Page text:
Migrant workers seen as “security threats”

Posted by admin on Jun 23rd, 2007

CanWest, 23 June 2007
Charles Mandel

Eleven Sri Lankans who vanished from a Prince Edward Island mussel farm in the middle of the night may represent a security threat, Malpeque MP Wayne Easter warned Wednesday. “Everyone says they’ve done nothing illegal” Easter said in a phone interview from Ottawa. “Well, no, they haven’t. But I believe there is a certain risk to the country here.”

The 11 men arrived in early May on an eight-month temporary visa to work at Stewart Mussel Farms in Western P.E.I. For a month, they helped out on the mussel boats, working 50-hour weeks side-by-side with islanders. But in the middle of the night on June 8 the Sri Lankans abandoned everything except for the clothing they wore and jumped into two mini-van cabs bound for Ottawa. According to Easter, the men phoned the cab company two weeks in advance and made sure they had enough cash to pay them for the trip. “It was well planned,” Easter said.

Denis Morin, a spokesperson with the RCMP in P.E.I., would not comment as to whether the men are considered a security risk. A spokesperson for Public Safety Minister Stockwell Day could not be reached for comment, while a CSIS spokesperson said they would neither confirm or deny that they were keeping tabs on the 11 individuals.

But after Stephen Stewart reported the men missing, local RCMP brought dogs to the farm and checked for drugs and explosives. They told him they had concerns over terrorism because of the mens’ sudden disappearance in the middle of the night.

The men left behind their passports – which were locked in the farm office – clothing, CDs, movies, even photographs of their families. They also left Stewart and his wife, Julie, some $75,000 poorer. That’s the amount the Stewarts spent on return airfare for the men, purchasing a van to transport them to and from work, and on renovations to a house for the 11.

“It’s definitely a strange one, one that blind sided us,” Julie said on the phone from Baltic, 60 kilometres northwest of Charlottetown.

The Stewarts were in the process of training the men to help with the busy fall harvest, but the disappearance of their hired help has left the mussel farmers short-handed, not to mention surprised.

“We know bits and pieces,” Julie said. “What we were told through immigration is when most people leave, they go to Ottawa to claim refugee status, but we don’t have confirmation that they did that.”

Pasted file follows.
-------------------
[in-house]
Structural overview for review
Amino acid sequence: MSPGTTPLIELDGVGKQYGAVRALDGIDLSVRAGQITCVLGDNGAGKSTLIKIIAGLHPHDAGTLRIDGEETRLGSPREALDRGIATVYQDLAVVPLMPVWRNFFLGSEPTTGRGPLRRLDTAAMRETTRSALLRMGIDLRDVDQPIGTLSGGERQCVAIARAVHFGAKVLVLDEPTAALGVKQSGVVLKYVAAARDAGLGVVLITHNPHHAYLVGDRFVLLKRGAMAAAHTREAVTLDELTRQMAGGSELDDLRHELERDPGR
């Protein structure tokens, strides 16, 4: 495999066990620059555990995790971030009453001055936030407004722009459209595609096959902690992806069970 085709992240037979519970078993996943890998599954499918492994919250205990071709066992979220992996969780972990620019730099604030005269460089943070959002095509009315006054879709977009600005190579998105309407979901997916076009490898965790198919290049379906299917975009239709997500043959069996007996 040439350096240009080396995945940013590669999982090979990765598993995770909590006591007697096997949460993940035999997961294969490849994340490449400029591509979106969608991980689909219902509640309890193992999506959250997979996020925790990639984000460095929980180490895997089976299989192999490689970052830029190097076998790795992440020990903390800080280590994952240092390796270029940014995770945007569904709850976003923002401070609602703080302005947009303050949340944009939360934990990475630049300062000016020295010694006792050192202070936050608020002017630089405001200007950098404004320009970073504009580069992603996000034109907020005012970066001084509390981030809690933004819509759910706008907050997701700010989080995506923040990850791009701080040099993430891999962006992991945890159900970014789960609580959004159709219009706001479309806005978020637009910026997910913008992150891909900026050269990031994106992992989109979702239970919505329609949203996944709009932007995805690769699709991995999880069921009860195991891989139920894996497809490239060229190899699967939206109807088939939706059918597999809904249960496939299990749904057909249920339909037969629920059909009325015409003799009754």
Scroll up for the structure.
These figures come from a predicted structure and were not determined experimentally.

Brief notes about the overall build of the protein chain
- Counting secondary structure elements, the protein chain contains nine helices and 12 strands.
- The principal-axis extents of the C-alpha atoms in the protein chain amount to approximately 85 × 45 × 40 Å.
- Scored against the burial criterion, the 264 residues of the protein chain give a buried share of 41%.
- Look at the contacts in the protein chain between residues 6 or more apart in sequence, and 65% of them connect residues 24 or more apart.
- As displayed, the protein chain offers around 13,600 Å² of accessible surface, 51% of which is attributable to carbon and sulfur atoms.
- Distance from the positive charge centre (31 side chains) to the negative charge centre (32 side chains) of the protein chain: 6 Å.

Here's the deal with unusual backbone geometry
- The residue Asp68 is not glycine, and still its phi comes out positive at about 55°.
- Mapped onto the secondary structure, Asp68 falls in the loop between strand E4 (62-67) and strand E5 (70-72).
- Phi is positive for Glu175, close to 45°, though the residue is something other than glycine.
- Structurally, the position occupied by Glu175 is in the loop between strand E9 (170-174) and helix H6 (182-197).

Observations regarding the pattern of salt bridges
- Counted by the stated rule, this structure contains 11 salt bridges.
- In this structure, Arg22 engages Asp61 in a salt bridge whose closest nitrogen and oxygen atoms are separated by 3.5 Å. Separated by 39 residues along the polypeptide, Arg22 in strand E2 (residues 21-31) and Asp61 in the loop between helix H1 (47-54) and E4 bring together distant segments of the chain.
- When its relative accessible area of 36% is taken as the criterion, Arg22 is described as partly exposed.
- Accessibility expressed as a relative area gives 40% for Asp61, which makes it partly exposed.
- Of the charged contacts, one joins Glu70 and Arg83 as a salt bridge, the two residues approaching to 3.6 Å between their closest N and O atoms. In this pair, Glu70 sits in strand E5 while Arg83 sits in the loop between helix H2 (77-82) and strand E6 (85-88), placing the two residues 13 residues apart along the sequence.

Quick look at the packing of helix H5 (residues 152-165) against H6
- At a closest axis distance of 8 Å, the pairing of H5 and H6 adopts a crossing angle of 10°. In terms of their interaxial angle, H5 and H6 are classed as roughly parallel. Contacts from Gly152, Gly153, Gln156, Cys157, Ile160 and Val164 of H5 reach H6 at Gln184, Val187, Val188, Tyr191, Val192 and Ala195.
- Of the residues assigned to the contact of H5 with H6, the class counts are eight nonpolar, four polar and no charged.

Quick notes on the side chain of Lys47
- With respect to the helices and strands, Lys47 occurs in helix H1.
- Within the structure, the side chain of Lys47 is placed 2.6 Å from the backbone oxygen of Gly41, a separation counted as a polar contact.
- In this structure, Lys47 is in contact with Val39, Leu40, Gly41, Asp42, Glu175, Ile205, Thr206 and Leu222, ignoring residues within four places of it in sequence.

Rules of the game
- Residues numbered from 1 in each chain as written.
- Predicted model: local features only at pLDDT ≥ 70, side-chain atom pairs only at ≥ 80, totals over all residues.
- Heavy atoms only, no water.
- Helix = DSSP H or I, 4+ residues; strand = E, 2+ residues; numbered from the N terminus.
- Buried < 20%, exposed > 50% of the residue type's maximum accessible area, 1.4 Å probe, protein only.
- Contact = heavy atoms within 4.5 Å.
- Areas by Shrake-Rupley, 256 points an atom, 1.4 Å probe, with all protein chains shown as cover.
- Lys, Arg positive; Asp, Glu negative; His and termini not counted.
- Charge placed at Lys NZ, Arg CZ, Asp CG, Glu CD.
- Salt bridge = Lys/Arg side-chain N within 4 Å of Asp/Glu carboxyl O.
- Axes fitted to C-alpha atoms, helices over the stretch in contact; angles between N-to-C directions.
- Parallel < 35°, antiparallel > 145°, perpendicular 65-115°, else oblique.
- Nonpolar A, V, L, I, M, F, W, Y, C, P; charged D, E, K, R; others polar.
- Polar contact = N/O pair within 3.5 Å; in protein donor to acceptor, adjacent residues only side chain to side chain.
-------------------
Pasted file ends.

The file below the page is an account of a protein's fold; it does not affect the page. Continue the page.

Police stopped the vans west of Montreal while they were en route to Ottawa and questioned the men, but then let them go. The whereabouts of the 11 are unknown since then.

“We’re not necessarily aware of exactly where they are because currently there’d be no reason to require us to be aware of where they are,” said Jon Stone, a spokesperson for Citizenship and Immigration Canada.

But Stewart said he’s since heard that some of the men may be returning. “I don’t know what I’m going to do if they show up,” he added.

The Sri Lankans have broken no laws, but under the conditions of their visas cannot work for anyone else but Stewart Mussel Farms. Once their visas expire, they must return to their country of origin.

Easter is upset that the men could just up and vanish into the night and says the episode exposes glaring weaknesses in the temporary foreign worker program. Canada grants 90,000 workers visas annually.

“This clearly articulates a fairly serious shortcoming in a system that in fact does have an impact on our national security.”

Easter said any workers who break the terms of their work permits without cause should have their visas revoked. “The reality is, if you want to get into a country for terrorist purposes, then here’s a vehicle to do it.”

Before temporary foreign workers enter Canada, they are screened to determine if they are a security risk or if they might not comply with the requirements of their visa, Stone said. “As a result of that process, many temporary farm workers get refused.”

“Here we are this week putting no-fly lists in place, which will impact Canadians in every way, and yet we have this situation where you have 11 individuals doing whatever,” Easter said.

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